Maven’s State of Women’s and Family Health Benefits 2024

How fertility, maternal health, and Gen Z are transforming benefits decisions.

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Maven’s State of Women’s and Family Health Benefits 2024

The long-term costs of comprehensive vs. point solutions

While both point solutions and comprehensive benefits come with short-term costs, such as the monthly fee paid to the vendor and any implementation costs, companies also need to consider the long-term costs of both types of solutions. Factors such as health outcomes and engagement rates can affect the true, long-term ROI of benefits and often can’t be estimated just by looking at the sticker price of a solution. 

The long-term costs of point solutions

Point solutions generally cost less than comprehensive solutions at the outset, because they’re more limited in scope and targeted in their interventions. However, costs can add up over time, especially if employers find themselves adding more point solutions to address the diverse needs of their employees. For example, an organization may offer a fertility solution, a maternity solution, and a pediatrics solution, all through different companies and using different technologies. In this scenario, if an employee successfully gets pregnant with support from their fertility benefit, they’d have to switch to another provider (and app) for support through their pregnancy.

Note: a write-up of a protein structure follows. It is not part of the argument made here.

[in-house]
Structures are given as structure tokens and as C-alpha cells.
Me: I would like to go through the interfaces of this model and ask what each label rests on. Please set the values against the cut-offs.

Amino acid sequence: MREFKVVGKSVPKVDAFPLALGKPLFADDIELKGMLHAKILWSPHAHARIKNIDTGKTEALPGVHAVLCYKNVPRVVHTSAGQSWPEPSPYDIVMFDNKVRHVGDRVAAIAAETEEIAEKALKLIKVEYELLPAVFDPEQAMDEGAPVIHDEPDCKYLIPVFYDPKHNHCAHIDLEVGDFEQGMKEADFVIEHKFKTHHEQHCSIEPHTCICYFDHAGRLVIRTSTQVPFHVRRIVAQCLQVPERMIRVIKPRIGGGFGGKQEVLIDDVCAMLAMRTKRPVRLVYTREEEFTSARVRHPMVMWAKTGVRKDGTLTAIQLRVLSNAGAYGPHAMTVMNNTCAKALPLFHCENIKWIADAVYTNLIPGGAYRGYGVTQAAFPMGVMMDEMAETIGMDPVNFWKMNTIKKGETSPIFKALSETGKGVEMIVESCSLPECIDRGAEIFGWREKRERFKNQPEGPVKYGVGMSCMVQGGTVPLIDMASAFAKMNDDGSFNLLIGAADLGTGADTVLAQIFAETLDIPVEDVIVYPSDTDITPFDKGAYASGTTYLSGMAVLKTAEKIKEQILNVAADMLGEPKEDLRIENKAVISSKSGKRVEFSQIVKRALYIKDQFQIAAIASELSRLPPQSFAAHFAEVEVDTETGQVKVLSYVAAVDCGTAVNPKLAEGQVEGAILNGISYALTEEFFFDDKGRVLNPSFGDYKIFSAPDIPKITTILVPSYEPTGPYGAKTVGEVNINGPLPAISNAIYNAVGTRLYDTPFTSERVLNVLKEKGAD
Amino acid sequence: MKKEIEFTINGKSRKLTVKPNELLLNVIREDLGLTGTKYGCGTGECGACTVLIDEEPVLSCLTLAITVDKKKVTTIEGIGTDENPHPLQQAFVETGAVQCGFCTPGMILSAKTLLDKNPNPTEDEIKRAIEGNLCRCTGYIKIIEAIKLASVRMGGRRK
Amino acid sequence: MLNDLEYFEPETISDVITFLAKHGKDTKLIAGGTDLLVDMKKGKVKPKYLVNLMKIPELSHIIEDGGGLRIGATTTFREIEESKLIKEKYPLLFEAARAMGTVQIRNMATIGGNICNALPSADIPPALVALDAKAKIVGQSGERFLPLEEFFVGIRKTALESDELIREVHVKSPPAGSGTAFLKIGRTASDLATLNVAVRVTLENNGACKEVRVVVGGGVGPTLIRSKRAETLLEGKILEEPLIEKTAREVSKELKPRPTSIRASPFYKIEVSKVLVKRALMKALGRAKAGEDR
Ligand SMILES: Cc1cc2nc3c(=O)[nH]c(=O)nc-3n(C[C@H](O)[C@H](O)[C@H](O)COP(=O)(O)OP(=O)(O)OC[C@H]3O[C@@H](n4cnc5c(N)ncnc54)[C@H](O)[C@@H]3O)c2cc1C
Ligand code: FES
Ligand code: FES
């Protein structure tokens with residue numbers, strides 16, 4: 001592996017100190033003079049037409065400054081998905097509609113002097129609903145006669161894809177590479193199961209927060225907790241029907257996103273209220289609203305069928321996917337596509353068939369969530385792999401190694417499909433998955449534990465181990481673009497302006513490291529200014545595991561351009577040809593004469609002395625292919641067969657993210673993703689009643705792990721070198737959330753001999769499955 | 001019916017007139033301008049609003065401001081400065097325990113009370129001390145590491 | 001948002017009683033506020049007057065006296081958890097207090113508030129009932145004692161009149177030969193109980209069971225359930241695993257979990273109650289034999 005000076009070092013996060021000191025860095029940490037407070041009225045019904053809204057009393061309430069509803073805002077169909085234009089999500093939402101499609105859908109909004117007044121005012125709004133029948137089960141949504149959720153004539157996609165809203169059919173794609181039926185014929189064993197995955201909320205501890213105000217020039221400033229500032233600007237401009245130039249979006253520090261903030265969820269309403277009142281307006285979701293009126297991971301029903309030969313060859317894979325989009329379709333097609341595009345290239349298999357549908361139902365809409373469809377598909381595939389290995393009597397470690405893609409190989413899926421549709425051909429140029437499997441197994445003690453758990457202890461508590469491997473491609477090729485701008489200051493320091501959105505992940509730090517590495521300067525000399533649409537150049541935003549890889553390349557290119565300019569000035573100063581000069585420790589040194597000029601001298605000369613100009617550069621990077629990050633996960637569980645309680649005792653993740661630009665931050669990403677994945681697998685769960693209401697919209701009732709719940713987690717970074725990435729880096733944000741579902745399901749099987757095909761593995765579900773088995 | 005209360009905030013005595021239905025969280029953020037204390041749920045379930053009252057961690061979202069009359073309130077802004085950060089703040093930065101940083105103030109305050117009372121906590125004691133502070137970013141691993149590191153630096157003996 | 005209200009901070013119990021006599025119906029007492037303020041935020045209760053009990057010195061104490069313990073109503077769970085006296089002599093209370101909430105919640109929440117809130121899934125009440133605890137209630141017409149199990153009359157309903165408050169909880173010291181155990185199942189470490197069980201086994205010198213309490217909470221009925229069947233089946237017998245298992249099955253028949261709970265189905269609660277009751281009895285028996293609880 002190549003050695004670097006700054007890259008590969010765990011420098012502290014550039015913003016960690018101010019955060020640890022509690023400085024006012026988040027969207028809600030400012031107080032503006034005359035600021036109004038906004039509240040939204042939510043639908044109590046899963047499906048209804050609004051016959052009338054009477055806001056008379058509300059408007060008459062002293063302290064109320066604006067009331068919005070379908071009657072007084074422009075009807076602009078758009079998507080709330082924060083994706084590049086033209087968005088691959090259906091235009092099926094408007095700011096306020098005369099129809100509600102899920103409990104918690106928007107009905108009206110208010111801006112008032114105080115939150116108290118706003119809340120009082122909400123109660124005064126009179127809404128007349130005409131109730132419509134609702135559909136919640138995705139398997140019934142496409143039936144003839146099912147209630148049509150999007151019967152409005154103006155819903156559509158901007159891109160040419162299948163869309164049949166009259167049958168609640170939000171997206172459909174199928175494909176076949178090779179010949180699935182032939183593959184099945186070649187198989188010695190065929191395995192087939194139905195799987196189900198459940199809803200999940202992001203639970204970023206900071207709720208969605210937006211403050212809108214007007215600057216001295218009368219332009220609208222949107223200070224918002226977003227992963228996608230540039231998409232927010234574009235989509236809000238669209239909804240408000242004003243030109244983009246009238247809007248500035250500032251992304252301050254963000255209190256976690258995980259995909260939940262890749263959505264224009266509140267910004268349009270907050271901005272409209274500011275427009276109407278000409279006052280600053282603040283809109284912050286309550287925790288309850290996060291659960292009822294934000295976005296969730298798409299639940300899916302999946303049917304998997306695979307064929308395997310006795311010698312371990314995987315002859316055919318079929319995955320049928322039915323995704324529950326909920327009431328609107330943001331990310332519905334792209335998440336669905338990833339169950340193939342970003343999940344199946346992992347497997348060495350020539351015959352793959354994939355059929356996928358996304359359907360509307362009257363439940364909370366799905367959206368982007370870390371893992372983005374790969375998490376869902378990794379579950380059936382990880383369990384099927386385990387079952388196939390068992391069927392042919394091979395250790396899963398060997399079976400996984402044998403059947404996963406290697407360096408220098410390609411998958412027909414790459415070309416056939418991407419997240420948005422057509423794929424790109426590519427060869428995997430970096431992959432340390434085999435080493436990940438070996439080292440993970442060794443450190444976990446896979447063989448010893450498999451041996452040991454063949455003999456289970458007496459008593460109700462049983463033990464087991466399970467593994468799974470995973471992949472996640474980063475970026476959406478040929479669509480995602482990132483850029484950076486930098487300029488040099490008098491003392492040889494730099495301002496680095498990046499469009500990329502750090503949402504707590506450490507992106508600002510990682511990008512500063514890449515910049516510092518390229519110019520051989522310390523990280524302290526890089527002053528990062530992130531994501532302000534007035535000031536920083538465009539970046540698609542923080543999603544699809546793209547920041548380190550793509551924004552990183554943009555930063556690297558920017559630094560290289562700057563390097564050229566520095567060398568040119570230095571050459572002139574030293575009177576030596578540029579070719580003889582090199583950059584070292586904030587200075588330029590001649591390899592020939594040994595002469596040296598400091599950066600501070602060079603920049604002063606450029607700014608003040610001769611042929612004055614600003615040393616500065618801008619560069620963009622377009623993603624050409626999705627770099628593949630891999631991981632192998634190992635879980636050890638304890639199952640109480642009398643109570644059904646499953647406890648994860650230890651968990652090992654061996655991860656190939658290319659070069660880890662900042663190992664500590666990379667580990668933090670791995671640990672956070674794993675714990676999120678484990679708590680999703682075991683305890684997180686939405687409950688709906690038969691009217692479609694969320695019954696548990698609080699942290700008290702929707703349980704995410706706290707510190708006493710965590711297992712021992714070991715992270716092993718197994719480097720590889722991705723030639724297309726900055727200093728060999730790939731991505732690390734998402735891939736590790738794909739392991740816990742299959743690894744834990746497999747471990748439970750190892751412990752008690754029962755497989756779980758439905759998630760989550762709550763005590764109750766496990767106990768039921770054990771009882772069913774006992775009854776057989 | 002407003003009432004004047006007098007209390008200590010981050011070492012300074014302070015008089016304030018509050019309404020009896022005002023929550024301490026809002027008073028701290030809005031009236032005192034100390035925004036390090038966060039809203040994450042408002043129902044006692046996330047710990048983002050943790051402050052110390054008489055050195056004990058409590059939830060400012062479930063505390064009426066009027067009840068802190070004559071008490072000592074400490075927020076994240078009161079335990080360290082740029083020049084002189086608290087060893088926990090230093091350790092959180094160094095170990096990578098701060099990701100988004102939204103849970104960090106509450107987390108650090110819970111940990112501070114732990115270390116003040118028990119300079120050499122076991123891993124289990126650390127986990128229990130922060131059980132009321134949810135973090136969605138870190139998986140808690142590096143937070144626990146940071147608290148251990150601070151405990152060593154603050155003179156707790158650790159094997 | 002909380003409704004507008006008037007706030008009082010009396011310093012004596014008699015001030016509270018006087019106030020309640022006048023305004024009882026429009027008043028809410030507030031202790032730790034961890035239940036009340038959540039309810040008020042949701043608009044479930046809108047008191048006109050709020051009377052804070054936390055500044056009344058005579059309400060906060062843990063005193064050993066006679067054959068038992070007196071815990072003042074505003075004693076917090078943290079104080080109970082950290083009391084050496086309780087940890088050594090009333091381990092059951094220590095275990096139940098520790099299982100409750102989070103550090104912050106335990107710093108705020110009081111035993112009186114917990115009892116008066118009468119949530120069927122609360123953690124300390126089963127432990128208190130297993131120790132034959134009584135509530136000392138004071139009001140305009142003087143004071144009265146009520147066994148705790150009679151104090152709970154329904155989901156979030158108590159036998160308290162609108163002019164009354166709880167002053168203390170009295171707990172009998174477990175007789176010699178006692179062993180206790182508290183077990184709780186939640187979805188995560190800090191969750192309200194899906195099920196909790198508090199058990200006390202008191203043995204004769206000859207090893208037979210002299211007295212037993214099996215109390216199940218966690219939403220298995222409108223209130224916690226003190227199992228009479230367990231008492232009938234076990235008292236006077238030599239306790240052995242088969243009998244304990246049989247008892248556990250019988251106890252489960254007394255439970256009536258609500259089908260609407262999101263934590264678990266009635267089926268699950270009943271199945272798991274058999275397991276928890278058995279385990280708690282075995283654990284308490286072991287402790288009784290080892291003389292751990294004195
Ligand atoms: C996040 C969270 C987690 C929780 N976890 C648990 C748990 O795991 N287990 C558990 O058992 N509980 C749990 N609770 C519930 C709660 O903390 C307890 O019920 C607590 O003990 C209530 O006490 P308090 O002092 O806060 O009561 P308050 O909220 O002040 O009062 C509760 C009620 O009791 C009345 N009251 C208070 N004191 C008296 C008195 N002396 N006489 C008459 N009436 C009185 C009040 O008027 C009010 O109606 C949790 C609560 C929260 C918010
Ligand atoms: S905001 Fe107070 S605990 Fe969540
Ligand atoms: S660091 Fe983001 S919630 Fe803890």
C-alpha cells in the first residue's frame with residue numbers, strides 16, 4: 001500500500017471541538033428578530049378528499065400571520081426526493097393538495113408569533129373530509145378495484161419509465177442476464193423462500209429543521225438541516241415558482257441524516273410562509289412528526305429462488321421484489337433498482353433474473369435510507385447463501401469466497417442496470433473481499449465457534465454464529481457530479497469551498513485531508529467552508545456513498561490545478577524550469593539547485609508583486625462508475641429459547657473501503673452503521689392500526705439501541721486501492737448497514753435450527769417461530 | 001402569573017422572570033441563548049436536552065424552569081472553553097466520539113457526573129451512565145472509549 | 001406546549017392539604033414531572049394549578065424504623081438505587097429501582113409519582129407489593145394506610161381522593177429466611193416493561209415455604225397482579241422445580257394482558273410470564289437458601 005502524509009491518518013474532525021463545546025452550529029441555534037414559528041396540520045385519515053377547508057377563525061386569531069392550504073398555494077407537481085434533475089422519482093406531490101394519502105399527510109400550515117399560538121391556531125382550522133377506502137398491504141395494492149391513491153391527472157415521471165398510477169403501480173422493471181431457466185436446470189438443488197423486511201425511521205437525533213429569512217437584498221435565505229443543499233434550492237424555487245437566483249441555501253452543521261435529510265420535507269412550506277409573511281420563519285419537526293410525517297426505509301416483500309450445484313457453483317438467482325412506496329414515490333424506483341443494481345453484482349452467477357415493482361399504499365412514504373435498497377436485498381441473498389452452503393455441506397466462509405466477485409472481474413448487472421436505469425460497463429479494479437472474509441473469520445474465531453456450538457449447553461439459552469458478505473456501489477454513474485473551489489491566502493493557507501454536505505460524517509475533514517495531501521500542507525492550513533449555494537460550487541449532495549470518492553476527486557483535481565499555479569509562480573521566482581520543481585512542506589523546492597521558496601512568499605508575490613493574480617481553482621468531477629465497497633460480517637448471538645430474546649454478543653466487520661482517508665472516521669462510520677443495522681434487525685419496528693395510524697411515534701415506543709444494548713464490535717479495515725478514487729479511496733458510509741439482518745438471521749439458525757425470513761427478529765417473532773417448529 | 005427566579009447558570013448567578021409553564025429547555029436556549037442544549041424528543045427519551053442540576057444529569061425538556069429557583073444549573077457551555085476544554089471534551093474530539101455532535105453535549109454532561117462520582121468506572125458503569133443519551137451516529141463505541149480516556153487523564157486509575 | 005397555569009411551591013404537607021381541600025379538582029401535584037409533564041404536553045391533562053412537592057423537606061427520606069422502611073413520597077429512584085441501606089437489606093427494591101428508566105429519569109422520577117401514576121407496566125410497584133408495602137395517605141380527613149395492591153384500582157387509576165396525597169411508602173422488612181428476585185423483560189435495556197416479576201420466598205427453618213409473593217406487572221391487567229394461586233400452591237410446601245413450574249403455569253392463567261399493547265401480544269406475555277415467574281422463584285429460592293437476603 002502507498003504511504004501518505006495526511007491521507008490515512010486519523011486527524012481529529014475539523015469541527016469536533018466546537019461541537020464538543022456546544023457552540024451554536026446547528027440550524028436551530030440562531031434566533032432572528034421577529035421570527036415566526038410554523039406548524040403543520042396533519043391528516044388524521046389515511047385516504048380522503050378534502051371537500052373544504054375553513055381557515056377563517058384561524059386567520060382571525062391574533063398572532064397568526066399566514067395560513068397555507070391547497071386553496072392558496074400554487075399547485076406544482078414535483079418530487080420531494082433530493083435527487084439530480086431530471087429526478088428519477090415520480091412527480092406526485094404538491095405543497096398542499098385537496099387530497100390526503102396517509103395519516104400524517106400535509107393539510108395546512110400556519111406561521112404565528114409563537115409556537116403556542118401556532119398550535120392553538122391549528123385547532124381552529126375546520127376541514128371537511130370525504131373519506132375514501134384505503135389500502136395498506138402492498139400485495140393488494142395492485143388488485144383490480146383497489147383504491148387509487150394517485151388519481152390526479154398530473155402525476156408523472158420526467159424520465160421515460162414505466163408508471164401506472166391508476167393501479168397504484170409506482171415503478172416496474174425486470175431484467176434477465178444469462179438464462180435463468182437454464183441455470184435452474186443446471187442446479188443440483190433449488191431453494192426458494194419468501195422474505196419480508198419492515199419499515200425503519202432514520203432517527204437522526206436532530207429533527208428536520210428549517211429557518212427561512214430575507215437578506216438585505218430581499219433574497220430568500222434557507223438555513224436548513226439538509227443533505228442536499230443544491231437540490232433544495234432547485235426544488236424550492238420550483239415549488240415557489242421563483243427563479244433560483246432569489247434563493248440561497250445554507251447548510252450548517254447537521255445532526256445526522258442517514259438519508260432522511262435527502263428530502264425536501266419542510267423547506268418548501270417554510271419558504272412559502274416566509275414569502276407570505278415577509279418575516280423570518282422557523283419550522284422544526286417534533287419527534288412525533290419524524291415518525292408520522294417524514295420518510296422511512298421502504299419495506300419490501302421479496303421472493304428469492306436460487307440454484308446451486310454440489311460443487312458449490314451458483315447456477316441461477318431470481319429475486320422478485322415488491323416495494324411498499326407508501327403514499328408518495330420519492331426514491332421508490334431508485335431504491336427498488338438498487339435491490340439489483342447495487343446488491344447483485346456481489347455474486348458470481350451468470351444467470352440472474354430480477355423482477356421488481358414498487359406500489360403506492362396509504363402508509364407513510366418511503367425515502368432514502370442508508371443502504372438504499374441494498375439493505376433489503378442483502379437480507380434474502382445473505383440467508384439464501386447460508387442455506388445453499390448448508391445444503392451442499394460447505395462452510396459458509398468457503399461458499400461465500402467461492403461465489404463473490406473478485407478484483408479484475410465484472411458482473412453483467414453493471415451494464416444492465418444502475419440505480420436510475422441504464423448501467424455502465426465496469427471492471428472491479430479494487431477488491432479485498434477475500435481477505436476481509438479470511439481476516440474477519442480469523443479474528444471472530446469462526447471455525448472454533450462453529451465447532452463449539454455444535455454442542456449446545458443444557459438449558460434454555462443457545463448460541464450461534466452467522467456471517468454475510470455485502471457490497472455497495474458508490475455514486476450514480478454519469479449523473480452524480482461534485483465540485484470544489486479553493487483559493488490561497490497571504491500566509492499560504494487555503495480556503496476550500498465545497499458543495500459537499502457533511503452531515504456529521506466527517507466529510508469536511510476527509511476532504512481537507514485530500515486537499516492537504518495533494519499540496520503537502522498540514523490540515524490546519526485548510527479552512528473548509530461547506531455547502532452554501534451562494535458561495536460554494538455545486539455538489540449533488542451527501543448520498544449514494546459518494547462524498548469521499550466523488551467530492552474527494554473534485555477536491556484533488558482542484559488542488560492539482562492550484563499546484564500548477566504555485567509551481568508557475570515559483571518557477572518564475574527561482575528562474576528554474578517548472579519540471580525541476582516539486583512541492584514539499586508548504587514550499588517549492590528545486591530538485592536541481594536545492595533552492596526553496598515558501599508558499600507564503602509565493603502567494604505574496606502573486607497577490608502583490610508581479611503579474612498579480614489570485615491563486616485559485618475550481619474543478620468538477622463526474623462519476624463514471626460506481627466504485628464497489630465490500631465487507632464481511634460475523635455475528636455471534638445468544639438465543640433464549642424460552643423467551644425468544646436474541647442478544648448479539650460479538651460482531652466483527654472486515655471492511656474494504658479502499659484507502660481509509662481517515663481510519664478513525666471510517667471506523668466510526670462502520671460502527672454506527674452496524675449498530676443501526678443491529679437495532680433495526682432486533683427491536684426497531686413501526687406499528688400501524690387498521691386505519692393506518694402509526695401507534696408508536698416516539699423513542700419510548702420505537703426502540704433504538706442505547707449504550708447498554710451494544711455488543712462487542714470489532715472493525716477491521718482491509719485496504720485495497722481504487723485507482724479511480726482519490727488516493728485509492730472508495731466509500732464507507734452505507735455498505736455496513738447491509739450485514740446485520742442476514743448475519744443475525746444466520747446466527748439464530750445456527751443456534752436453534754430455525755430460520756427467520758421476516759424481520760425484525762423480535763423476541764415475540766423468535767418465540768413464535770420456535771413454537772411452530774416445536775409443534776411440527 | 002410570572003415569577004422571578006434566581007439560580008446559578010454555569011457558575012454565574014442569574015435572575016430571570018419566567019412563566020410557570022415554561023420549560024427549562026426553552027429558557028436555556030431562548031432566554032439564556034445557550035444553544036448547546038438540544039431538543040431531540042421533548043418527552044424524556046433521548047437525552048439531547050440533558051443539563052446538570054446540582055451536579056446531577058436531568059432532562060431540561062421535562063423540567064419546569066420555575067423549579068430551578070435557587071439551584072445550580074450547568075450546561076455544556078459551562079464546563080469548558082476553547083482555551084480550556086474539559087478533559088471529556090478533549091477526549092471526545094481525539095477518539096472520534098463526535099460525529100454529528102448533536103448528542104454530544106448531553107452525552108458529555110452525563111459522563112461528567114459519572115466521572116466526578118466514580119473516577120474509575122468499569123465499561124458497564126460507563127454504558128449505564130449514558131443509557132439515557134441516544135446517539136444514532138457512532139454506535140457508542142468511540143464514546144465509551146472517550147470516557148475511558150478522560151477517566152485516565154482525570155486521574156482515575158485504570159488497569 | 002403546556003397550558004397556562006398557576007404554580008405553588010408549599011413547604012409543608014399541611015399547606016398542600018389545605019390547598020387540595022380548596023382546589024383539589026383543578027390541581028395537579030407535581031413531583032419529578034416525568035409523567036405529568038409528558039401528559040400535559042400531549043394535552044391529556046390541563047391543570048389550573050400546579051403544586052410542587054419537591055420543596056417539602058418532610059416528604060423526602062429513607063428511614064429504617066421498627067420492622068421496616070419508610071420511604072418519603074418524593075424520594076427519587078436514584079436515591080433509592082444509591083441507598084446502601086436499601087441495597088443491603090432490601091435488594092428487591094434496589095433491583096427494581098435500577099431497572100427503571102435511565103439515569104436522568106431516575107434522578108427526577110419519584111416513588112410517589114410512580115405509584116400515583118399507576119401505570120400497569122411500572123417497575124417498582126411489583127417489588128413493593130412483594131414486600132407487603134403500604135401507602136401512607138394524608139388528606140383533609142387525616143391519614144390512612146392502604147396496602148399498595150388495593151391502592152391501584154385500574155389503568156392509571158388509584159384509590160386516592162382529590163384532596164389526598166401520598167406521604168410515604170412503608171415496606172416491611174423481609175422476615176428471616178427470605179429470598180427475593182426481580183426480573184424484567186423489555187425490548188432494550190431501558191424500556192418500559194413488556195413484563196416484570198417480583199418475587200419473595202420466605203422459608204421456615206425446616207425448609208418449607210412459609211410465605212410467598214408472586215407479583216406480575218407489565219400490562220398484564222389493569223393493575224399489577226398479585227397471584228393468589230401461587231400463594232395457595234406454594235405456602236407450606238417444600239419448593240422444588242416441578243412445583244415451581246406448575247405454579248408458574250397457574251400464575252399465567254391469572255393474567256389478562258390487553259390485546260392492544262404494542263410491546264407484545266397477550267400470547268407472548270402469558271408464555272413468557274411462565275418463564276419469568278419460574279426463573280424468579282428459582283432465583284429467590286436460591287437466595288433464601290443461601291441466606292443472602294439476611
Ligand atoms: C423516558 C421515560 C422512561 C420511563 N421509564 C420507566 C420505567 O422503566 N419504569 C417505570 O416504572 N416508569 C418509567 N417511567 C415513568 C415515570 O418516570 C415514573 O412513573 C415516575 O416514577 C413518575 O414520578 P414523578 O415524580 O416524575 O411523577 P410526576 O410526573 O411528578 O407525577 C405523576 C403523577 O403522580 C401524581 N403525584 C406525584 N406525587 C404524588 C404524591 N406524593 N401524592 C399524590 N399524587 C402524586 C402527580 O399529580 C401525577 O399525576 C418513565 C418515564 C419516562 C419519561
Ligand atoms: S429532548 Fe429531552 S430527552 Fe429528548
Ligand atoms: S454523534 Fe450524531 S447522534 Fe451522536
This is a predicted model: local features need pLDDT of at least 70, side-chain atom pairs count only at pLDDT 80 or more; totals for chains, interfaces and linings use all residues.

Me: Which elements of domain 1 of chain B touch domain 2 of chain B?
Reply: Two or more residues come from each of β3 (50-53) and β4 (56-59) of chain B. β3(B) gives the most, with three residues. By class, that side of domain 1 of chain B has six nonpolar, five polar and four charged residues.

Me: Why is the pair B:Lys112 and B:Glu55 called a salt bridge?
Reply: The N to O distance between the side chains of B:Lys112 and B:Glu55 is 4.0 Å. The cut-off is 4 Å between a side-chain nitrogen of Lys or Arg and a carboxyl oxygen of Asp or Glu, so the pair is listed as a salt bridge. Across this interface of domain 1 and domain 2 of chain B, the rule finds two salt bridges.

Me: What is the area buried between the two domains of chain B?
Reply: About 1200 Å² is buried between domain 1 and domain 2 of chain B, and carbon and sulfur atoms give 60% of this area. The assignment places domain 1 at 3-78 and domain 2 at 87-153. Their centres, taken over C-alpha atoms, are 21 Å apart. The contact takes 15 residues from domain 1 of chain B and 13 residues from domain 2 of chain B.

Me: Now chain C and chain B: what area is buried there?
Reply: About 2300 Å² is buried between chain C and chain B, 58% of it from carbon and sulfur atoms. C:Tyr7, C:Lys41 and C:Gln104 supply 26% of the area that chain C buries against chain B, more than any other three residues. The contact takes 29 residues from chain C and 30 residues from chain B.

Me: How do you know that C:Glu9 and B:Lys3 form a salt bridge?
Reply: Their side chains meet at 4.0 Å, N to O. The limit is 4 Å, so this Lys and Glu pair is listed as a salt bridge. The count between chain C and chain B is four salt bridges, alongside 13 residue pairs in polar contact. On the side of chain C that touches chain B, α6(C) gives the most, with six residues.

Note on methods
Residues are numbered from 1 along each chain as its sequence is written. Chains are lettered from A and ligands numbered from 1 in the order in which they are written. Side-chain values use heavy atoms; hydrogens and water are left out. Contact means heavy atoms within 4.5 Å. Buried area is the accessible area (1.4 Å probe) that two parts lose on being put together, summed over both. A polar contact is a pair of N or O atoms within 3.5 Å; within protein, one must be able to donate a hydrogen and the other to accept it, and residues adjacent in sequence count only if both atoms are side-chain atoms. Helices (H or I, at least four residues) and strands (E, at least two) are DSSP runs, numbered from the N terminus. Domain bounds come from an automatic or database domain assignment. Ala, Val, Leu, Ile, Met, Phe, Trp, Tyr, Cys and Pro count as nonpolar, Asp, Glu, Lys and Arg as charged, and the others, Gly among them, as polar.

While this build-your-own approach to family benefits may appeal to some, companies that implement multiple disparate solutions often see lower ROI down the line, driven in part by poor clinical outcomes. One Commonwealth Fund study looked at the clinical effects of “fragmented care,” which they defined as employees receiving health services from a variety of different benefits platforms or providers, with no coordination across various types of benefits. The research found that a person with a chronic condition (such as hypertension or diabetes) is 13% more likely to go to the emergency department when their benefits are fragmented, driving up healthcare costs for the employee and their employers alike. 

Beyond clinical outcomes, low engagement with point solutions may also drive up long-term costs. A recent HealthAdvocate survey asked HR leaders their biggest challenges when using multiple vendors. Forty-four percent said their biggest challenge was a disjointed, confusing experience for employees, and 40% cited a lack of utilization as another primary pain point. If employees don’t engage with their benefits because they find them confusing to navigate, employers miss out on the improved outcomes and lower healthcare costs that accompany successful, engaging family health solutions. 

The long-term costs of comprehensive solutions